As strong a pull as these loyalties can have, they are not unbreakable. The government’s actions can put a strain on them or even sever them for a particular election or race (of course, those actions can also reinforce those ties). Many Never-Trump Republicans, for example, have only hardened their stances in response to the Trump administration. In the 2016 election, they either voted for Clinton, Libertarian Gary Johnson or some other minor-party candidate, wrote-in a candidate, voted in races other than for president, or sat out the election completely. Trump’s presidency, of course, has also hardened the loyalties of many Democrats.

At the end of the funnel, we have everything about the campaign in question itself. This concerns how the campaigns operate, how the media influences the election, the economic and political conditions surrounding the election, the key issues, and how the candidates are presented.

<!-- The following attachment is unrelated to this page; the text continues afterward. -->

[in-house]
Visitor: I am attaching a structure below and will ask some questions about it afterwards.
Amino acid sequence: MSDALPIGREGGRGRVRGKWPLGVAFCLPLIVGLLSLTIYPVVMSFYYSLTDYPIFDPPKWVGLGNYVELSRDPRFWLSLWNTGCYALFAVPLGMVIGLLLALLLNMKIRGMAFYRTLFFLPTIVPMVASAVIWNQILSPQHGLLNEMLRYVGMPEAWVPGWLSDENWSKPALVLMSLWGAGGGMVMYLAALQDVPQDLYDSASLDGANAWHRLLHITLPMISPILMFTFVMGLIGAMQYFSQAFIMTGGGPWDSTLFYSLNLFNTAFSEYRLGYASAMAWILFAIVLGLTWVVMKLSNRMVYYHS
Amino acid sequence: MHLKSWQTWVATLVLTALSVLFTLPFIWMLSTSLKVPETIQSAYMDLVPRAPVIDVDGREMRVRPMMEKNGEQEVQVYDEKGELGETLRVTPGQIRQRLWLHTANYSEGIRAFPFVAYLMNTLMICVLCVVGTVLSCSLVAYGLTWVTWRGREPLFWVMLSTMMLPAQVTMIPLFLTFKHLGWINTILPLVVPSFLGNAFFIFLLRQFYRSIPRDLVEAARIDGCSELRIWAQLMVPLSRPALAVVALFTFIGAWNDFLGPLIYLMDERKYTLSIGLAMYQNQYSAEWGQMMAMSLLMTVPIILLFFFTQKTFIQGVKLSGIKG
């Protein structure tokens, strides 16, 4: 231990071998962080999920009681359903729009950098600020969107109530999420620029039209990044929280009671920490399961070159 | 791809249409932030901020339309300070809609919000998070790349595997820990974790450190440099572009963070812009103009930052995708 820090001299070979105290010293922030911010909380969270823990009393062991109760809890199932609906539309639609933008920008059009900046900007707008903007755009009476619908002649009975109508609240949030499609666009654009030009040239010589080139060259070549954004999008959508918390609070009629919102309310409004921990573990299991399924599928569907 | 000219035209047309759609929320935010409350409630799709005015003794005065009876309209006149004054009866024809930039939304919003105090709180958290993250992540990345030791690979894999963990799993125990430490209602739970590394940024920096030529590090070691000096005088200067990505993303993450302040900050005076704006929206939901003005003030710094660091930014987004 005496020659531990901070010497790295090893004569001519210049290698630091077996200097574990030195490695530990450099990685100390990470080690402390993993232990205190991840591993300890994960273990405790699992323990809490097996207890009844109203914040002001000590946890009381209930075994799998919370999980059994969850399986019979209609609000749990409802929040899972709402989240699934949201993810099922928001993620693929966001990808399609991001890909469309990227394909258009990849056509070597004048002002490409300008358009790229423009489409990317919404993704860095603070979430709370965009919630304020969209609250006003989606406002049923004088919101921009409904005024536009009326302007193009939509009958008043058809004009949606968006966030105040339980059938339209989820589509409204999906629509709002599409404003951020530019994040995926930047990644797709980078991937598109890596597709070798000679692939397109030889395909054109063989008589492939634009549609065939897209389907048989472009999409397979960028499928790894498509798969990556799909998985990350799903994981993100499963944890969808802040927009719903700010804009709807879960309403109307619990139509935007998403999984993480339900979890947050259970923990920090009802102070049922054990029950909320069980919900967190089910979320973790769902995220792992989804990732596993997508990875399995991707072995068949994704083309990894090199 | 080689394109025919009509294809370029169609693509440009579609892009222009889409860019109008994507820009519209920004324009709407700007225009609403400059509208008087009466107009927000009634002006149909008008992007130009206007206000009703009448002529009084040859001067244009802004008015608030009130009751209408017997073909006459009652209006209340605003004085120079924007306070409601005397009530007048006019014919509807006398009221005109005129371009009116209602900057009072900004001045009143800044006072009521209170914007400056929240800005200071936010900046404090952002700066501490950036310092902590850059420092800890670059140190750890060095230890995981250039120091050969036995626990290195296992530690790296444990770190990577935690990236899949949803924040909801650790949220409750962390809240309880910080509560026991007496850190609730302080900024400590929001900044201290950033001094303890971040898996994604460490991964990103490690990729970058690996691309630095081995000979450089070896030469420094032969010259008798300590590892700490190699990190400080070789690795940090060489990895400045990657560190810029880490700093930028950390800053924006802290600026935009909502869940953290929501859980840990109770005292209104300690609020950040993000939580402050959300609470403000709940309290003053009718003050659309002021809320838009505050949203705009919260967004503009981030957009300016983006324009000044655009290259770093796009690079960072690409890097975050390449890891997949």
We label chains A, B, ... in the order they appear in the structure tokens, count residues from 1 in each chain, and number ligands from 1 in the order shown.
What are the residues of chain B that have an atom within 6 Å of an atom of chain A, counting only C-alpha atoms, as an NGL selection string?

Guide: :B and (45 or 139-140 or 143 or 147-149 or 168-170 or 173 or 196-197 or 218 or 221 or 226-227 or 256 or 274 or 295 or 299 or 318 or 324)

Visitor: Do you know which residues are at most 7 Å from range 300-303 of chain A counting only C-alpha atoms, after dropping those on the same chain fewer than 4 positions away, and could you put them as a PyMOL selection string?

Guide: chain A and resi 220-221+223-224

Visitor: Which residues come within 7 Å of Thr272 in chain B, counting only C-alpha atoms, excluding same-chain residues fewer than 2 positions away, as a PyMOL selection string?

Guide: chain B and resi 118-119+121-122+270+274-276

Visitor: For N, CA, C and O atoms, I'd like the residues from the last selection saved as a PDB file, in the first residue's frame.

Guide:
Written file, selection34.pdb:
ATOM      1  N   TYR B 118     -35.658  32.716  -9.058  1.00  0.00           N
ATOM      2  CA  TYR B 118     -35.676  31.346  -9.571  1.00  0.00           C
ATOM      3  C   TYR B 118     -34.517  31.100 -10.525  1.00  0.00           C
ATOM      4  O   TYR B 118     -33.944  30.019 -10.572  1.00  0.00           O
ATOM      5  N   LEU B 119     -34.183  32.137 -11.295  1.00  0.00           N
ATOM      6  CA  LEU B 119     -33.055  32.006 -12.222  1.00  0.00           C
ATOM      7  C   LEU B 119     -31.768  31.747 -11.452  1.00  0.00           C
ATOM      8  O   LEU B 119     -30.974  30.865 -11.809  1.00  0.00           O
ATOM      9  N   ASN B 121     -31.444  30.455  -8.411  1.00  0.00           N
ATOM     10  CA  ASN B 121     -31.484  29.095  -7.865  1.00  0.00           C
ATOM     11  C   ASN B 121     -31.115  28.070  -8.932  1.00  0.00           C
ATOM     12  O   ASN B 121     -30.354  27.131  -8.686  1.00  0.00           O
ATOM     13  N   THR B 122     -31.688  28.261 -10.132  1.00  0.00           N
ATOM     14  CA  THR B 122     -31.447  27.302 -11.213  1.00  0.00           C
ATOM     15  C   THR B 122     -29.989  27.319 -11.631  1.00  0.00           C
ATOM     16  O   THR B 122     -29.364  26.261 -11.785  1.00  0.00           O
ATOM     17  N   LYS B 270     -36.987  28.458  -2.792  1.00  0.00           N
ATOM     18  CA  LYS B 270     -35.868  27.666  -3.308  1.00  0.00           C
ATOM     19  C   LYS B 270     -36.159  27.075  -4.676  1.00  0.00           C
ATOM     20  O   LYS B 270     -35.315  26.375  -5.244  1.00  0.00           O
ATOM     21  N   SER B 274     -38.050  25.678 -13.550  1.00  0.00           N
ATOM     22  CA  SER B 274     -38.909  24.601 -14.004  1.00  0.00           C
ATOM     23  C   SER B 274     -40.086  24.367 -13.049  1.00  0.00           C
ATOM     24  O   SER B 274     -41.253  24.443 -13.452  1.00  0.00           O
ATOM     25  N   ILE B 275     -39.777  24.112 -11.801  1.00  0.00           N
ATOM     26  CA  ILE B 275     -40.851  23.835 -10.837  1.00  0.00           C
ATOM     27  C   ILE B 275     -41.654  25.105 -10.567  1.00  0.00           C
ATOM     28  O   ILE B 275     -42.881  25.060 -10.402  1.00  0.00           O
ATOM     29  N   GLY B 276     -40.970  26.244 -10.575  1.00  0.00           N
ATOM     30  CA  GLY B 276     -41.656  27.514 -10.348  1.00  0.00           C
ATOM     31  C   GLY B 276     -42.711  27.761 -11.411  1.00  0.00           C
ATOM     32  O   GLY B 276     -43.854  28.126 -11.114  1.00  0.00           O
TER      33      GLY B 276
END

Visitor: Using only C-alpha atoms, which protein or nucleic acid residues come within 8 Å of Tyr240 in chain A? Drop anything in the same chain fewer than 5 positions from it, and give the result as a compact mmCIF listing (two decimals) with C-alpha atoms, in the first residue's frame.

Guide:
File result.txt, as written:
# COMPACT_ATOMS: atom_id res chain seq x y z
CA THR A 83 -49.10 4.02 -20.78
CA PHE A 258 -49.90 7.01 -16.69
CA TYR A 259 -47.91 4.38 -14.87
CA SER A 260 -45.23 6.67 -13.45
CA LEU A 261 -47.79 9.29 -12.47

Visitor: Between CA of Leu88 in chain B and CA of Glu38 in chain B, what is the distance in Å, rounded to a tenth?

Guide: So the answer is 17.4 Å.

When talking about campaign activity here, we are referring to how they strategize and what tactics they use to reach voters. Obviously, many voters need to be reached out to in order to get their vote (although some will come out for a candidate regardless). Even if they wouldn’t ever vote for an opponent, that doesn’t necessarily mean they are going to come out for a candidate or that they even know that an election is going on.